And, what direction should my future efforts take?
An excellent post, "Organizing Those Documents and Photos" by Lorine McGinnis Schultze at Olive Tree Genealogy Blog, and some wonderful comments, particularly one by The Grandmother Here, really got me to thinking.
I started to add a comment, but realized two things. I needed to mull over the ideas first, and what I wanted to say might not fit in that little comment box.
I had just finished a three-month project organizing my research notes (see I've GOT to get organized -- DONE!). Yes, my notes are now in order. If I need to find one, I think my chances are pretty good at being successful.
I didn't voice it, but in the beginning I thought if I organized my notes some repository, some place, some day would perhaps not want them, but take them. Three months later, after looking at every single page -- from 45-year-old hand-scrawled notes to recent printouts of online digital records -- I don't think that any more.
Other than the few one-of-a-kind "family archive" records, a good genealogist should be able to take my sources to a computer or a good library and reproduce them.
Think about the transcripts of census records taken from scratched-up microfilm before the days of online digital records. Would you trust those? Wouldn't you go to the source and look at the original, a better original than I looked at 30 years ago?
Naw! When I'm done with them, these file drawers are full of dumpster fodder. And when I'm done with them will be when I quit doing genealogy (read that senile or dead).
So I'm back to what Lorine is pondering, finding a way "To ensure that my research into my ancestry is passed on." I am not going to throw away 45 years (and counting) of work.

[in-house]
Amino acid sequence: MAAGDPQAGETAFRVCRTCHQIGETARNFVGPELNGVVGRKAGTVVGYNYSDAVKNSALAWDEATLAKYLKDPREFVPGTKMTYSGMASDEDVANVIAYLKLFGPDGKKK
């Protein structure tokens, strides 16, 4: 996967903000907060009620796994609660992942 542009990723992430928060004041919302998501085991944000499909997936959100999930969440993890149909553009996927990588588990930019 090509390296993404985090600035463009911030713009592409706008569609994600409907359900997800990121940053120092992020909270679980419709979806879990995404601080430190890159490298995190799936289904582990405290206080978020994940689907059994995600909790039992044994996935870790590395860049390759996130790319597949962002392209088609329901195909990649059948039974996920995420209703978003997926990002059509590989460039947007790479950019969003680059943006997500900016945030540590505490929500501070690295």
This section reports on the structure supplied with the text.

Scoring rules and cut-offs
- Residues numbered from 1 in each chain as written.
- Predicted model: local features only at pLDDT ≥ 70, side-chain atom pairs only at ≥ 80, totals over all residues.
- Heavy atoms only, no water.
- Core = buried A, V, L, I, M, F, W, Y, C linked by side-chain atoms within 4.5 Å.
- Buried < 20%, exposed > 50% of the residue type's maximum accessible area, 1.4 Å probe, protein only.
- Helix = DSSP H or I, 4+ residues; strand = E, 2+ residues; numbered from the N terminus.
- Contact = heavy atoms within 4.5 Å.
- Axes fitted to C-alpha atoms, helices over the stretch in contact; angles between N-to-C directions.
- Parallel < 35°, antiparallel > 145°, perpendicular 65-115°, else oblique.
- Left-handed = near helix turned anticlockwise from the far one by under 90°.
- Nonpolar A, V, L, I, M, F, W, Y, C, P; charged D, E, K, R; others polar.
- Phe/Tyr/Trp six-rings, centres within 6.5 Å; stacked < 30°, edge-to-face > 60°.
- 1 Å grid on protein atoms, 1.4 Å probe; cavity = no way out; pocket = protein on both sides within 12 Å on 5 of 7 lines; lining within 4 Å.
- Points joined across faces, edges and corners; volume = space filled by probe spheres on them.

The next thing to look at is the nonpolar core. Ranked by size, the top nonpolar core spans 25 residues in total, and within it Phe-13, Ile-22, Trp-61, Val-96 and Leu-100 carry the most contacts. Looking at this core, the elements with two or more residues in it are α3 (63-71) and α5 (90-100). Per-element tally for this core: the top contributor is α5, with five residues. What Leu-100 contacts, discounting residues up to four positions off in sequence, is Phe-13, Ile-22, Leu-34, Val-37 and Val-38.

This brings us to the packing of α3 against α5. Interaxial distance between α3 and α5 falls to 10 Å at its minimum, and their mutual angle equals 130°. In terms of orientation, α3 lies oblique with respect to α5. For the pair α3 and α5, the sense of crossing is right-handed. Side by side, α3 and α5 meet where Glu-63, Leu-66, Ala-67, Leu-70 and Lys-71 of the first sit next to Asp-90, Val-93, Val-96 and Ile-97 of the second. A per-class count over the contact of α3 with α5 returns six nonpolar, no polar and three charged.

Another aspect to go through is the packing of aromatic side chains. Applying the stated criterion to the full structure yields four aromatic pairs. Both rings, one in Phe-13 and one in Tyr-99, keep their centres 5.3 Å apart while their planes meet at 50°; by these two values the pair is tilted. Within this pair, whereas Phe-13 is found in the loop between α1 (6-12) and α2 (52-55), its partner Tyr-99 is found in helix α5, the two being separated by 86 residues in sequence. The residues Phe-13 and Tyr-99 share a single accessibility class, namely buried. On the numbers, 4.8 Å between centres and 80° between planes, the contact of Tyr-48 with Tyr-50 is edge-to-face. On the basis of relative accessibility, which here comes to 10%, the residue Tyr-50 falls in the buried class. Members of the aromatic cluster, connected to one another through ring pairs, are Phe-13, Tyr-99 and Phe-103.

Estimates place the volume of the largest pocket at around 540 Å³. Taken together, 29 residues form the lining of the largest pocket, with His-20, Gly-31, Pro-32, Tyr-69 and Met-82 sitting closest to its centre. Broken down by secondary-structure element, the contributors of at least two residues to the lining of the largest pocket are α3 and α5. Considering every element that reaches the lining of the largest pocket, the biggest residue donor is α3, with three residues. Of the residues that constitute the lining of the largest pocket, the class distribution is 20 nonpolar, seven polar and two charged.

So what's the answer?
Lorine's current plan is binders for her ancestral lines only. She has children and grandchildren to pass them to.
I have two wonderful children who have, to date, only shown mild interest in their ancestry. That's probably my fault in not working to develop that interest. I only have two step grandchildren, wonderful young people, but they have their own ancestry and it's not mine.
There are always options.
The first I've been doing for several years -- a web page -- http://www.jimgill.net. But personal web pages are not permanent. When I go, it will go.
Online tree services. But how permanent are they?
I really like the look and feel of WeRelate, but I wonder if it will survive. I only have time to do this once.
I've recently been granted access to new.familysearch.org but haven't had the time to do more than read Randy Seaver's posts on Genea-Musings and experiment. Data-wise, I suspect it's about as permanent as any could be, but there are problems. For me those problems include no pictures, limited sources and wading through the morass of unsourced documents. In all fairness, my first post connected me with a cousin I didn't know I had.
So what's the answer?
For me, I think it will be paper -- not that I won't upload my whole RootsMagic database some day. RM has created a very nice interface to new.familysearch making it, I suspect, about as easy as it can get.
I'm not sure how I'm going to do it yet, but I will be investigating what I can do with RootsMagic and my recently upgraded version of Serif PagePlus X5. Between the two of them I should be able to produce pages of genealogy and pages of pictures that can be printed in multiple copies for family and interested libraries.
I will keep you posted on my progress.
As a final note, I was delighted to read the comment by The Grandmother Here who wrote, "The joy is in the journey. Searching and finding is what I enjoy."
Yes!!! So do I!
Maybe that's why I have so many green folders in my file drawers -- sources I've found but never entered into my RootsMagic.
Without doubt, I'd rather be searching any day.
Although . . . I've got to get that information into RootsMagic. I can't go online with it or to paper if I don't.